The pro forma GIP business is expected to have around $180 million in EBITDA, but Dovigi sees the possibility to expand that to $1 billion in the next five to six years as the new venture consolidates a very fragmented market.
As for whether GFL might later sell its remaining environmental services division, Dovigi said there are "no thoughts to get out of that any time soon" and he sees plenty of room for growth. He pointed to this week's announcement of the pending sale of US Ecology, which he described as a comparable business, as a sign that the division has strong potential.
Once the GIP deal is complete, GFL intends to use the proceeds to fill the gap in EBITDA from its departing infrastructure line by pursuing new solid waste opportunities.
“This reaffirms our conviction that there is still a lot of opportunity for growth within our solid waste business, both organically and through accretive acquisitions," said Dovigi.
- Solid waste revenue grew 20.2% in the fourth quarter, driven in part by a 6.5% increase in core pricing, surcharges and commodity prices. GFL also saw solid waste volume grow 3.4% in the quarter, year over year, though Canadian activity remains muted. Volumes in its other divisions are also recovering at varying paces, with liquid waste activity from the Terrapure acquisition "materially ahead of expectations."
- The GFL Renewables division has joint venture arrangements for renewable natural gas (RNG) projects at four of the company's landfills. Combined with another anticipated five near-term projects, this could generate up to $125 million in adjusted free cash flow — above a previous target.
- While some companies have taken full ownership of such projects, Dovigi said that GFL does not have the same internal capabilities built up yet, and using a joint venture is still a profitable approach. "I think it's fair. I think it will get us to the market as quickly as possible with experts that do this every day," he said.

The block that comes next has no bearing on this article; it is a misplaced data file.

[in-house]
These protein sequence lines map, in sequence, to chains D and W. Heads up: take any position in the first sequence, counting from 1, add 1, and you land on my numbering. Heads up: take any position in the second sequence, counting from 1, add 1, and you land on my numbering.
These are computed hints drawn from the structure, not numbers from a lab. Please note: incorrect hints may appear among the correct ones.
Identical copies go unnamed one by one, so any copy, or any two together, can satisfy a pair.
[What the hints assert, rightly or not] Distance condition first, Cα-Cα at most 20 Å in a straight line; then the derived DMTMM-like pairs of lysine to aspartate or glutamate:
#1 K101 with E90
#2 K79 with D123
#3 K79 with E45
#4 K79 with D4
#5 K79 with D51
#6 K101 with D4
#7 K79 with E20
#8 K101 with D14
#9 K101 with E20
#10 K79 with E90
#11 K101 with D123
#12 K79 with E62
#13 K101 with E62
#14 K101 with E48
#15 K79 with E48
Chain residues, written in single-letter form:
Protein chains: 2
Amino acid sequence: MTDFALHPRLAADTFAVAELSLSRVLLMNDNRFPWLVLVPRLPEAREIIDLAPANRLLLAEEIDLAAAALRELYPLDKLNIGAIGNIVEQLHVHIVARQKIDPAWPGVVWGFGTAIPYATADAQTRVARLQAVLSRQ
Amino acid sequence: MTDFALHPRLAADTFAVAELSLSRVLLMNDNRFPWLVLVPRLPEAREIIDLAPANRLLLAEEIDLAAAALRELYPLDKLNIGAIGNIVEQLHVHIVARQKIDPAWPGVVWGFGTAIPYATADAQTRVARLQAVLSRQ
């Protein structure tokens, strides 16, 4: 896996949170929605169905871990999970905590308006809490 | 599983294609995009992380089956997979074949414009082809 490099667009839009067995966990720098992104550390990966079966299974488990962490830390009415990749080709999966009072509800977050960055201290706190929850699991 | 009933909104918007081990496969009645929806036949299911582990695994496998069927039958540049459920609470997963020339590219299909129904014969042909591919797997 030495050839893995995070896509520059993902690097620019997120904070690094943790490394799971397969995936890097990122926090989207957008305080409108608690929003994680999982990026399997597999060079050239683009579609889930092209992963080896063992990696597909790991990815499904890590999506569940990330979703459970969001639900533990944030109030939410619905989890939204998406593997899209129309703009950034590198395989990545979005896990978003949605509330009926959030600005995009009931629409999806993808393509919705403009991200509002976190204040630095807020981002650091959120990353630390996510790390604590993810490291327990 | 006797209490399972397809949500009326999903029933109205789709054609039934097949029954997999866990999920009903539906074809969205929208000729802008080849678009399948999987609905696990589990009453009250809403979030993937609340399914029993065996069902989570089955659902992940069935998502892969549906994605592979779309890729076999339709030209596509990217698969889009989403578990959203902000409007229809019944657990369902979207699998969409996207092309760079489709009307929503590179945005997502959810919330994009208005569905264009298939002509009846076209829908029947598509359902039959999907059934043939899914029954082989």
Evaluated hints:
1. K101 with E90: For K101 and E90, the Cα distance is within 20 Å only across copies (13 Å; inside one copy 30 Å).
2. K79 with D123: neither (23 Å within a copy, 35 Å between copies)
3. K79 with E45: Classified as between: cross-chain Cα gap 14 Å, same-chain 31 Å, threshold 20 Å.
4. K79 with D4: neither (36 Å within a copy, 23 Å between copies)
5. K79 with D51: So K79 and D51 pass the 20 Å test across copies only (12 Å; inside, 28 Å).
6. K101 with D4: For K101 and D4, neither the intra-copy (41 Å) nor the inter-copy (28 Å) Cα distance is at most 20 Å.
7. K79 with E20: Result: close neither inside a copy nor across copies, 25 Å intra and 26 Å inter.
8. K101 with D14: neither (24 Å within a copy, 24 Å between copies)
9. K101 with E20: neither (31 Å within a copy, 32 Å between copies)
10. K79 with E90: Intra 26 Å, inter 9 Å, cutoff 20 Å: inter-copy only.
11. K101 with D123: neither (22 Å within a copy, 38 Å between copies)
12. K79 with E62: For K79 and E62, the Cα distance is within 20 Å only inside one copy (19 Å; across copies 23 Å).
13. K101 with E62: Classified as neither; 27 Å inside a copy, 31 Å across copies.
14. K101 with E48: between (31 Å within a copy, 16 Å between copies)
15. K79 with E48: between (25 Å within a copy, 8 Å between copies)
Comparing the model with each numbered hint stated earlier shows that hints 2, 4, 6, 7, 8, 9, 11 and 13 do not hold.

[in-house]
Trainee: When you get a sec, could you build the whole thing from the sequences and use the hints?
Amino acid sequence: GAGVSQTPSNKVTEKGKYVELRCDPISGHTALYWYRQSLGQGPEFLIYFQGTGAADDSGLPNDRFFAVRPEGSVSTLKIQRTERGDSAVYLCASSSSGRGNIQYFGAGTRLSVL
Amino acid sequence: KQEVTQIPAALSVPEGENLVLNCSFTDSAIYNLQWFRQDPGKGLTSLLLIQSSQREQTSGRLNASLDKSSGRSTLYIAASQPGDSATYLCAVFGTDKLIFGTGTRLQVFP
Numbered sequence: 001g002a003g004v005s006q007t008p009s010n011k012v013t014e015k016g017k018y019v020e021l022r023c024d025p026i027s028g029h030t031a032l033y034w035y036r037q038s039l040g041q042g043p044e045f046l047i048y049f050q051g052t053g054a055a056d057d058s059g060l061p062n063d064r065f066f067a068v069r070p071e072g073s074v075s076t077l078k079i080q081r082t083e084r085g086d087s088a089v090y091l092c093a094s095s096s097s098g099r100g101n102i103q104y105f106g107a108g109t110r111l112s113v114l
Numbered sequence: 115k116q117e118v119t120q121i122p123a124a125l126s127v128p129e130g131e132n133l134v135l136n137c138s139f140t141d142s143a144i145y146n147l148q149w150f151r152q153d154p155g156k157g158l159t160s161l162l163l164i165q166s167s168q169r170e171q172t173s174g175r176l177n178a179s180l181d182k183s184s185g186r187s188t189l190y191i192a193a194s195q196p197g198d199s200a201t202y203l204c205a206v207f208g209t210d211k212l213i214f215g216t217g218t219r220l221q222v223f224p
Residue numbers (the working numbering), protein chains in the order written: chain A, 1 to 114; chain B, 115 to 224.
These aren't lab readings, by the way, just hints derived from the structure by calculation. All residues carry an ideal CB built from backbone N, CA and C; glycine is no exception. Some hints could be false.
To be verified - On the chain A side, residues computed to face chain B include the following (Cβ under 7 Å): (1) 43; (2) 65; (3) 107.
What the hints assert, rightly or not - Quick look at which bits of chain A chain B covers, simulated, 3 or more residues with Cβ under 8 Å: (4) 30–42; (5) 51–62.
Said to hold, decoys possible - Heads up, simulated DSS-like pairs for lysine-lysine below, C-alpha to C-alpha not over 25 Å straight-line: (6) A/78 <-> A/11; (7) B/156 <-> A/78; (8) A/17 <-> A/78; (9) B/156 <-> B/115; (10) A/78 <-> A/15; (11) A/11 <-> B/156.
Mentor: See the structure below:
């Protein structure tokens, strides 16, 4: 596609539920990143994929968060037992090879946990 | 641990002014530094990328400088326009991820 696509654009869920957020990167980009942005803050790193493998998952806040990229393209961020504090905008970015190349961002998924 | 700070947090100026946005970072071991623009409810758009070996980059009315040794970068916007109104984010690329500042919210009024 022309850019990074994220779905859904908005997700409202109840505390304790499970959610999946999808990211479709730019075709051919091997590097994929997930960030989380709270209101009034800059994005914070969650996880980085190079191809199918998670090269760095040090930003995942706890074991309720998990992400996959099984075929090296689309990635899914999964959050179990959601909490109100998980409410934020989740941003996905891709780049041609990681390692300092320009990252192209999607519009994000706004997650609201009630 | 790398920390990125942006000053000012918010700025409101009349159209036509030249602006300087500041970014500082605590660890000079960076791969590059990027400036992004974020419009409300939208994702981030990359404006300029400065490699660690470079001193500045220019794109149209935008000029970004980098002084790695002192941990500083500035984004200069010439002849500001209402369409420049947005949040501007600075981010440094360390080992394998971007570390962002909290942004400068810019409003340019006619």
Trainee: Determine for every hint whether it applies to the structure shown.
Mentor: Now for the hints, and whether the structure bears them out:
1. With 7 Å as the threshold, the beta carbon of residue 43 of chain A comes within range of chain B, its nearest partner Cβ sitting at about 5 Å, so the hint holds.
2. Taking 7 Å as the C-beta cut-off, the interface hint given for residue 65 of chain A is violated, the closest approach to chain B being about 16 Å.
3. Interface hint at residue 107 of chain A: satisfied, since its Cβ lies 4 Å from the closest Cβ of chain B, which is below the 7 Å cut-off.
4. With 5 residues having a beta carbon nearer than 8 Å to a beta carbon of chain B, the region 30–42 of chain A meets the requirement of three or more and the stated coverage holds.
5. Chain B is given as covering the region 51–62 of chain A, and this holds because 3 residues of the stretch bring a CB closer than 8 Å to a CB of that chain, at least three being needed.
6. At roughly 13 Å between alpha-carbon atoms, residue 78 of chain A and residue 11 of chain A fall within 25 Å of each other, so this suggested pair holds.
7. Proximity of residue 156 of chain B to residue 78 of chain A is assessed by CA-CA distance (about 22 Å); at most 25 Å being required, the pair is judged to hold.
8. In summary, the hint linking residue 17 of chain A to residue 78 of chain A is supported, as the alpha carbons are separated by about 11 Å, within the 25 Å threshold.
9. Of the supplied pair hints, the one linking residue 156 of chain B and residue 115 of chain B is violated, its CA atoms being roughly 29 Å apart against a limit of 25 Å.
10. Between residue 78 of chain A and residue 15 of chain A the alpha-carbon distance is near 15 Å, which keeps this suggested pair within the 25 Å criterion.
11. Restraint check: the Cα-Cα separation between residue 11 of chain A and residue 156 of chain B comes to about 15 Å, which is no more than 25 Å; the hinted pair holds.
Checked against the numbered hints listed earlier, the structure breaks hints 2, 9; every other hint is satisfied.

- GFL anticipates spending anywhere from $450 million to $525 million on acquisitions this year for an estimated 25 to 30 deals, which could collectively boost revenue as much as $300 million. It also called out the potential for one larger deal. These deals are expected to be self-financed, as GFL continues working to reduce its debt, and weighted more toward solid waste companies and U.S. transactions.
- GFL might also complete a few more divestitures of non-core assets, for possible proceeds of around $60 million. Pelosi said past and future divestiture proceeds will go toward other investments, such as capital expenditures for MRFs and RNG projects. When factoring that in, GFL anticipates spending a net amount upward of $630 million on capital expenditures in 2022.
- While GFL executives said high inflation rates remain a factor, they aren't seeing significant churn as price increases are rolled out, and they believe the extra costs won't be significant for the majority of customers. Pelosi said the low end of GFL's projected 2022 price increase contribution to revenue, at 4.5%, would be enough to cover inflation.
- When excluding the infrastructure business, GFL is projecting 2022 revenue up to $5.925 billion, adjusted EBITDA up to $1.665 billion and adjusted free cash flow up to $655 million. Looking to 2023, GFL projects it could boost revenue by as much as $335 million, adjusted EBITDA by $95 million and adjusted free cash flow by $60 million.